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Research Synthesis Step 2: Determining patterns #13214

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sarahmonster opened this Issue Jan 5, 2019 · 0 comments

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sarahmonster commented Jan 5, 2019

Note: this is to discuss and reference methodology for determining patterns in the data pulled from our sitebuilding study. This isn't 100% set in stone just yet and will be tweaked as we finalise details.

Want to get involved? No prior research experience is necessary, and we'd ❤️ your help!


Segments

We don't have a clear idea in terms of segments of the WordPress userbase, but I've made some preliminary guesses (in Airtable) and have coded the sessions accordingly.

Keep an eye on any clear patterns in terms of segments, but I don’t think we’ve talked to enough people to get a very good sense of that yet, especially when the landscape is so huge and varied.

Identifying & exploring themes

Look at all the codes and try to identify patterns and larger themes in the data. This will be done by an affinity mapping exercise followed by a discussion to review themes identified.

Then, look through all the extracts with the codes relating to your theme—are there any contradictions? Are there repeated patterns?

If there are many contradictions within a theme or it becomes too broad, you should consider splitting the theme into separate themes or moving some of the codes/extracts into an existing theme where they fit better.

This is an iterative process, where you go back and forth between themes, codes, and extracts until you feel that you have coded all the relevant data and you have the right number of coherent themes to represent your data accurately.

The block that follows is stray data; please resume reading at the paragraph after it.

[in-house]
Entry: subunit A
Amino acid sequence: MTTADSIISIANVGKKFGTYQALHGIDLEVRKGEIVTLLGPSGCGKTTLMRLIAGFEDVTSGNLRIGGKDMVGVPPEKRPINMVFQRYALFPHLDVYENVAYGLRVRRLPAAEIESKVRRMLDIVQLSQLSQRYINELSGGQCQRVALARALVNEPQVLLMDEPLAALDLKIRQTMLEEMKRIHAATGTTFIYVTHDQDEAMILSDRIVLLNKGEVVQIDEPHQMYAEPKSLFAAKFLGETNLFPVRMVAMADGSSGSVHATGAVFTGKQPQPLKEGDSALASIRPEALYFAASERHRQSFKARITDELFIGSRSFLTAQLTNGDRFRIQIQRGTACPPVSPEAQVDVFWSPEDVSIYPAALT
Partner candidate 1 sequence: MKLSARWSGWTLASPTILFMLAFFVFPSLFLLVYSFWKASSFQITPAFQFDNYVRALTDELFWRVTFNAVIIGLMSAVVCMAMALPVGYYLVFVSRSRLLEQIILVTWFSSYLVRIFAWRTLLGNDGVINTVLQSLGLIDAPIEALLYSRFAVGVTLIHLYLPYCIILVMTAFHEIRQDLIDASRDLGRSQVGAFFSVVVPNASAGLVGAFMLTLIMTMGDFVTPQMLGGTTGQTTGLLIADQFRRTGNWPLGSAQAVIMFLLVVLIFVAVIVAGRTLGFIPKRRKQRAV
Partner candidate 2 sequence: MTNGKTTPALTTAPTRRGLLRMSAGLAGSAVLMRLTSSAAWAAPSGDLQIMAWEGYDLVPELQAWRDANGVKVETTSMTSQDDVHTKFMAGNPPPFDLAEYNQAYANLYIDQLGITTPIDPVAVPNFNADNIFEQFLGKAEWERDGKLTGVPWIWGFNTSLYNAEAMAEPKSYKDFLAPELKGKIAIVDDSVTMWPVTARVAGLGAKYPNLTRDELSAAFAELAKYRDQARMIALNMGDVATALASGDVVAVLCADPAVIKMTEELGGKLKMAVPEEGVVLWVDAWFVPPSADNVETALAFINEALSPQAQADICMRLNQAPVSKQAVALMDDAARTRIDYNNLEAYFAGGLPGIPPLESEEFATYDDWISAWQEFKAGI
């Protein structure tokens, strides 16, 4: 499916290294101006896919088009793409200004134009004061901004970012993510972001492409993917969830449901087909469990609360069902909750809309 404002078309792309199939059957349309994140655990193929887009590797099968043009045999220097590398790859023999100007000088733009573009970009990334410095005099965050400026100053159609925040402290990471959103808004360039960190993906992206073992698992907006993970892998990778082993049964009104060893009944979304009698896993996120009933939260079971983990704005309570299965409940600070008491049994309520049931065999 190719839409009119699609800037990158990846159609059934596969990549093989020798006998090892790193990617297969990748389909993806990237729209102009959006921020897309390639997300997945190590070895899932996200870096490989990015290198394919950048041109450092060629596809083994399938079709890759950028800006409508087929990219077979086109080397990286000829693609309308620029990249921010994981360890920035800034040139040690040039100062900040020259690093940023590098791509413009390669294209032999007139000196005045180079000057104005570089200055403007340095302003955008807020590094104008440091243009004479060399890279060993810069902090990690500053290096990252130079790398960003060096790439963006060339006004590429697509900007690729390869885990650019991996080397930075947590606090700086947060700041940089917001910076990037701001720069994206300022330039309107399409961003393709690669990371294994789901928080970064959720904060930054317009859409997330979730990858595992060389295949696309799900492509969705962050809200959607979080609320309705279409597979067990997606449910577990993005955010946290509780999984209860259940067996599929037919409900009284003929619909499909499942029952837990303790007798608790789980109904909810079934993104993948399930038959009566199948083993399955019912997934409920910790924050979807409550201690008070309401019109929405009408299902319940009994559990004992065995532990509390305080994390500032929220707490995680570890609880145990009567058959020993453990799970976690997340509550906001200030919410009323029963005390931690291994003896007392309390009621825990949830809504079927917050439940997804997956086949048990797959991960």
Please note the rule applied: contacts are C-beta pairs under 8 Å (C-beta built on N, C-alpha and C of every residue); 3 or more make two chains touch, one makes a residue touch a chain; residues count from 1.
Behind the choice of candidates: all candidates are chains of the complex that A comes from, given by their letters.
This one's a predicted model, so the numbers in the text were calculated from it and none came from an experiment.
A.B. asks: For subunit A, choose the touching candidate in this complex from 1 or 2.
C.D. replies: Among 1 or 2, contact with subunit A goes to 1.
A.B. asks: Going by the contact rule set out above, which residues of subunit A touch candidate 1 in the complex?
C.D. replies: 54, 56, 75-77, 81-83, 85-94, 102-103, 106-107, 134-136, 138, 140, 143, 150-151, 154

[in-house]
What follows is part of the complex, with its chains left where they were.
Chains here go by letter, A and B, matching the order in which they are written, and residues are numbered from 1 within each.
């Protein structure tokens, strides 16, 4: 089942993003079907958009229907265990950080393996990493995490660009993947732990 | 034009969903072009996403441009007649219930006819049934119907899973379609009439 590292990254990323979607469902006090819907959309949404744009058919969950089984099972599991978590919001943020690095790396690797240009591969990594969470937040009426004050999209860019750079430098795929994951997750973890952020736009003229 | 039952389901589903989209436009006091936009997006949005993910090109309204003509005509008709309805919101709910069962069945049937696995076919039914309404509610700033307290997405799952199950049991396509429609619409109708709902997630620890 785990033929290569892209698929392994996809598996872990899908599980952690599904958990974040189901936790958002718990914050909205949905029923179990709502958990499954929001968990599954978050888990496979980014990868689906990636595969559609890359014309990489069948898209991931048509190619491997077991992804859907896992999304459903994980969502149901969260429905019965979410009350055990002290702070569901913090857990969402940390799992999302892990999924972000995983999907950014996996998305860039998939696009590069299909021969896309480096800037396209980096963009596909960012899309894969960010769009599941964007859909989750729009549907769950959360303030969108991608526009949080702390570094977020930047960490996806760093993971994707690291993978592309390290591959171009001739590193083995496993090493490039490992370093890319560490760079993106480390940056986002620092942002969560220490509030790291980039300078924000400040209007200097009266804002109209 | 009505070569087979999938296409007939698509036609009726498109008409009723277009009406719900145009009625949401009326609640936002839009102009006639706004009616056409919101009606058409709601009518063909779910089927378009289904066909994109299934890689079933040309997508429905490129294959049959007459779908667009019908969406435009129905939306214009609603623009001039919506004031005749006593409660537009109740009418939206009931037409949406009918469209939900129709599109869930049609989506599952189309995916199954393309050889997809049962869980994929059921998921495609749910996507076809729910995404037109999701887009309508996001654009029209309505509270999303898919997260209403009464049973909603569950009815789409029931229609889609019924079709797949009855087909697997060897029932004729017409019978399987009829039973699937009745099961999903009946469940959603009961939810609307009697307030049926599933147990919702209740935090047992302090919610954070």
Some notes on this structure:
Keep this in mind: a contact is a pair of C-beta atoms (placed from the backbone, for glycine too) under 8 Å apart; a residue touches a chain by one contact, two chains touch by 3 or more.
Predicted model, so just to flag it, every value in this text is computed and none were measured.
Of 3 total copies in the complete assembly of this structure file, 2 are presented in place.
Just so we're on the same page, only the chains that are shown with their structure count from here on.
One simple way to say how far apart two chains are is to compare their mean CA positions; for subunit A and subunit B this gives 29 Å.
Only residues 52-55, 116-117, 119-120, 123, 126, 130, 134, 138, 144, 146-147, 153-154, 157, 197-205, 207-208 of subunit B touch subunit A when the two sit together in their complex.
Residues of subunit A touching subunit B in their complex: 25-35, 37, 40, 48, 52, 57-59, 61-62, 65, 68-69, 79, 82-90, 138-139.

Affinity mapping

Affinity mapping will take place over two days, in an asynchronous manner, and will be used to further explore themes and portions of the dataset.

Insights and pain points, for instance, might be easier to group in a remote-stickies affinity map, but we can copy easily from a spreadsheet format and then use a stickies app for grouping and pattern identification.

This will be a collaborative exercise that anyone can join. We'll also discuss in Slack as groupings become apparent, and take notes that will then be used in the final report.

🚨 Be careful!

Watch out for confirmation bias! Is this supporting an existing assumption you had? Perhaps it's time to confer with others. As a way of avoiding confirmation bias, make a list of your existing assumptions about the results before you dive into analysis. Try to look for data that contradicts your pre-existing assumptions

Also make a note of extreme results from extreme people: sometimes one person will have a very strongly held view that isn't held by others. Be careful if you're basing an insight on something we've only observed in one individual.

@sarahmonster sarahmonster created this issue from a note in Phase 2 design (In progress) Jan 5, 2019

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